SANTA CLARA, California. Within 45 minutes everything was almost perfect. At the same time, everything collapsed.
Whatever good Mexico had done in the first half against Colombia on Tuesday, in what was arguably their best football performance in a long time, was completely erased when they succumbed to a two-goal lead to end up losing 3-2 at the Stadio Levi.
Matches hosting World Cup matches are supposed to do two things: create buzz and instill confidence in the players about what lies ahead. It seemed Three checked all those boxes until Colombia made a half-time substitution that completely changed the dynamics of the game. Instead of a celebratory evening, it was more of the same for the Mexican fans, who became wary of what their team could, or rather couldn’t, do.
With 53 days left until the World Cup, and after this last couple of games, Mexico is facing recurring problems that are in doubt. Sure, they beat Peru 1-0 at the Rose Bowl on Saturday, but even that was an underwhelming performance when Hirving Lozano scored in the 85th minute. Otherwise, there was nothing to take away from that game other than what we already knew: Mexico lacks creativity in the last third and is struggling to score.
On Tuesday in the Bay Area, the first half was the complete opposite. Mexico looked aggressive, making direct runs into the box and provoking an attack. Defensively, they have choked world-class players like Liverpool’s Luis Diaz and Juventus’ Juan Cuadrado. This was the game Gerardo “Tata” Martino needed to tell everyone to relax.
But it was short-lived as Colombian substitute Luis Sinisterra started the half with an early goal and equalized 3 minutes later. Wilmar Barrios scored the winning goal with a sensational volley from outside the penalty area in the 68th minute.
“When the opposition number 9 is playing for Eintracht Frankfurt, their winger for Liverpool and full-back for Juventus, obviously there will come a point in the game where they impose their level,” Martineau said. “These are the moments when we have to keep our composure, order and not make mistakes.”
On paper, Mexico bound for Qatar lost to a team that would not compete in the World Cup. Very good at it, but it’s not a focus for Three.
It’s about trying to find the balance they’ve been looking for for too long. And as time went by tournaments lost (particularly to rival USA), Mexico didn’t seem to improve enough in regards to World Cup contention. A lot of this, fair or not, falls on Martino. Relations soured, and this loss added another element to them.
After Saturday’s victory over Peru, Tata smiled and even joked at the post-match press conference. Tuesday’s tone was very different, argumentative and irritated, throwing not-so-subliminal messages at former Mexican players turned into media that constantly criticize. He also touched on problems with the structure in Liga MX and how it affects the pool and the players of the national team. Despite the fact that these are valid arguments, Martino tries to vent his many annoyances at every opportunity. On Saturday, he said he was happy and motivated for what lies ahead, but it’s far from what fans think.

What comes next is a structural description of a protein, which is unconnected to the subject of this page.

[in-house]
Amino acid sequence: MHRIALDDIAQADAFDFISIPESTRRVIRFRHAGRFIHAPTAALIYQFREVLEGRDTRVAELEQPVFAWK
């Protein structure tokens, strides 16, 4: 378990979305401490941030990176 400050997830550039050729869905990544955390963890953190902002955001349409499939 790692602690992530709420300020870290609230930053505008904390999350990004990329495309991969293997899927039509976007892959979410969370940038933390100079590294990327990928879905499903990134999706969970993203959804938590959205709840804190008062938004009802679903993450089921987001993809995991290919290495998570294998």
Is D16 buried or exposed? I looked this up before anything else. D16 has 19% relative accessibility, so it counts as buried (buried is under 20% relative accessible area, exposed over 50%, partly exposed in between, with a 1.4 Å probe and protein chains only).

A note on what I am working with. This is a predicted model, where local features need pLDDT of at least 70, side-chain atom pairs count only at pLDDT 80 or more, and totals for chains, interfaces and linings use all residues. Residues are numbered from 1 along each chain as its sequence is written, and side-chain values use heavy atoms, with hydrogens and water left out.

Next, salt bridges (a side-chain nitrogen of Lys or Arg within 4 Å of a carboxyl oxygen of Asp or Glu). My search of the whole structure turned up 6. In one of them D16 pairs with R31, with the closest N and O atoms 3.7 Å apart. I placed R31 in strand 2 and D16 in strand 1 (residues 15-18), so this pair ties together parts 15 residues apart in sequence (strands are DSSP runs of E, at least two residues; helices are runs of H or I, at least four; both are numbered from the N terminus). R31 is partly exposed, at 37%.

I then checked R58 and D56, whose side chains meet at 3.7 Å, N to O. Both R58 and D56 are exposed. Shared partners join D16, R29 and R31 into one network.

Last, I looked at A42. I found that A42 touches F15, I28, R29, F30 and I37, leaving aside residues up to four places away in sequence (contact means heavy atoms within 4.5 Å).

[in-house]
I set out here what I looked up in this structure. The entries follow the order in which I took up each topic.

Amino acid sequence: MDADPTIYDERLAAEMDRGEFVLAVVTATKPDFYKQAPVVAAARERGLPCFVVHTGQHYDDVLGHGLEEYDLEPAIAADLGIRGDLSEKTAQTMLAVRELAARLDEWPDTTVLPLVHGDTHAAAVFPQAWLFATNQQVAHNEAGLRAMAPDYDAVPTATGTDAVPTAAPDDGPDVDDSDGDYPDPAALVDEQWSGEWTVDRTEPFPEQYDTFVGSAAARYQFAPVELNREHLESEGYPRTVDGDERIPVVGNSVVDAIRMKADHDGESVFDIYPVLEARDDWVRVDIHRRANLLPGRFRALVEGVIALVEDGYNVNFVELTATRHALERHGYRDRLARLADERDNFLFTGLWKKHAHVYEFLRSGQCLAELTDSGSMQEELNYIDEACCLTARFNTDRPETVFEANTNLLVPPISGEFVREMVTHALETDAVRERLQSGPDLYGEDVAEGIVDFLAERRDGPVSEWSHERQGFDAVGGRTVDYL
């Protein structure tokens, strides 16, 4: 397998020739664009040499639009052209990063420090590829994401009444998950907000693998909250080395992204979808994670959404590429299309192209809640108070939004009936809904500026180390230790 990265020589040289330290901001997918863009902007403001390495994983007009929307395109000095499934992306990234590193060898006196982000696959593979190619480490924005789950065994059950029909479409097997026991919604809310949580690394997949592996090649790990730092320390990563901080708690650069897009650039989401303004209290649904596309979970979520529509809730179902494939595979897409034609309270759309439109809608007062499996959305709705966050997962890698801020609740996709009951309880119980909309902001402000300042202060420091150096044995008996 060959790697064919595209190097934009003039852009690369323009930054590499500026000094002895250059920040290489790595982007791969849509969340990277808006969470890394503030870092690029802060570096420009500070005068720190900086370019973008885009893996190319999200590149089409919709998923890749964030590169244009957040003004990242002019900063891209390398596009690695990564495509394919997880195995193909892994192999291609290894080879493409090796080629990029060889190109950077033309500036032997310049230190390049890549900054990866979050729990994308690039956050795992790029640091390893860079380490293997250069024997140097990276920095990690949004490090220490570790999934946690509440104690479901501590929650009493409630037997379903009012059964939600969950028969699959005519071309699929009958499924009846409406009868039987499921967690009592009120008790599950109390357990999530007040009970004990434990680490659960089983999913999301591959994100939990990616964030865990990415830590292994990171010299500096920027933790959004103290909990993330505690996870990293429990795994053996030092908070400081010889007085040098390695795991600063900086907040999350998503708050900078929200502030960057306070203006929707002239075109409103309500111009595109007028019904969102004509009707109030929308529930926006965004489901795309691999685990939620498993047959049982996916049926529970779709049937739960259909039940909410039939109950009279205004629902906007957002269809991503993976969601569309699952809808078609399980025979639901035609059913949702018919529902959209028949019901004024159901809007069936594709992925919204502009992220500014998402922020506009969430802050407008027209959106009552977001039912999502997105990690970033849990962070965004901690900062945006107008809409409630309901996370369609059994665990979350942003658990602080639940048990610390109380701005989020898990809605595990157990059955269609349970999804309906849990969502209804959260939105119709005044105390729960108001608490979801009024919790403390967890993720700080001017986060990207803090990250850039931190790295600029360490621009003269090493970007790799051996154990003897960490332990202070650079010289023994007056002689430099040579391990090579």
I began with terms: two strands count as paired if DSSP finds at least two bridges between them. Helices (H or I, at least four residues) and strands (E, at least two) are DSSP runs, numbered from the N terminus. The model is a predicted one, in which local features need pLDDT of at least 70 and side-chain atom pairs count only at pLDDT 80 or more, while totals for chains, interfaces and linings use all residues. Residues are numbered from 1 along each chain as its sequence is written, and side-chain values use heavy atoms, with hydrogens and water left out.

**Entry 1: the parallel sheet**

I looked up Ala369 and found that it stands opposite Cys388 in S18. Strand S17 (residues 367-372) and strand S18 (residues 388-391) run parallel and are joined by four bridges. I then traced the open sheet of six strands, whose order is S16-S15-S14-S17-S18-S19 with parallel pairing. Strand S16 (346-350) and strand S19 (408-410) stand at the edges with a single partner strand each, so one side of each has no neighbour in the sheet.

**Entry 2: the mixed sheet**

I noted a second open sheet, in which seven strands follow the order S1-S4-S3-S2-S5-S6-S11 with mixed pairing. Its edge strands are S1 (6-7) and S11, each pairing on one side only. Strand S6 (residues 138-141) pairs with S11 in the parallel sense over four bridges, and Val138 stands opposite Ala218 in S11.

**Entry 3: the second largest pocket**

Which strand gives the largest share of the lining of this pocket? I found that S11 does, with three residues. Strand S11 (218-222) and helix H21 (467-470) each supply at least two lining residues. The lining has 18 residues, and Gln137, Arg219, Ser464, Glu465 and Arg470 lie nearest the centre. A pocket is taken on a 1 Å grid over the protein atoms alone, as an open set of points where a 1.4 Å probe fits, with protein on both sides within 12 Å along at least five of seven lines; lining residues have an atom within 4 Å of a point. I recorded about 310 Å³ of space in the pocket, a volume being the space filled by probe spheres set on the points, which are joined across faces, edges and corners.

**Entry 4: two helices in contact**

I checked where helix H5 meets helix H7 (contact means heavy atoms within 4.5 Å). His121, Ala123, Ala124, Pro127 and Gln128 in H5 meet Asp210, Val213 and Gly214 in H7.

This undeniable friction reaches a critical point.
“When a team doesn’t win, the external perception is completely different,” Martineau said.
Tata can poke the media all he wants, and he’s been doing it for a while now, but the only way to change the narrative is to win. He angrily snapped at a reporter when asked about striker Henry Martin, stating that the media was caught up in judging the No. 9 solely on goals scored.
This, of course, is one of the main problems associated with Three.
Much of this outside noise he refers to was due to his unwillingness to consider Javier “Chicarito” Hernandez, Mexico’s all-time leading scorer, as an option for this squad. It’s clear the ship has sailed despite Hernandez scoring 10 goals in his last 10 games for the LA Galaxy, including a brace against the San Jose Earthquakes just a few hundred miles north of the Rose Bowl, while while the Mexican attack looked stagnant in this victory over Peru. .
Will Chicharito win? Three this is now a moot point, but how Tata reacted to this situation, among other things, continues to add fuel to this fire.
Mexico has two exhibition matches left (Sweden and Iraq) before the opening of the World Cup on November 22 against Poland. For the most part, the list is pretty definitive. Last-minute decisions will be made on injured stars Raul Jimenez and Jesús “Tecatito” Corona, both vital figures who could give this team the boost they need if they make the roster, though the outlook doesn’t look bright.
Despite this, Martino is leading the team in Qatar in hopes of achieving this.”fifth gamethat haunted Mexico for far too long. This would mean reaching the quarter-finals for the first time since 1986. Since then, they have been knocked out in the round of 16 at seven consecutive World Cups.
But first they need to worry about Poland, Argentina and Saudi Arabia before they think about anything else. The results of these games, good or bad, will be sorted out, as they usually are, and Martino will probably receive most of the criticism.
Meanwhile, Mexican fans continue to have a “whatever happens will happen” mentality about the World Cup because they already know, in a sense, the fate of their team, both in the tournament and in the future.
Time is running out and the noise of Fuera Tata is only getting louder.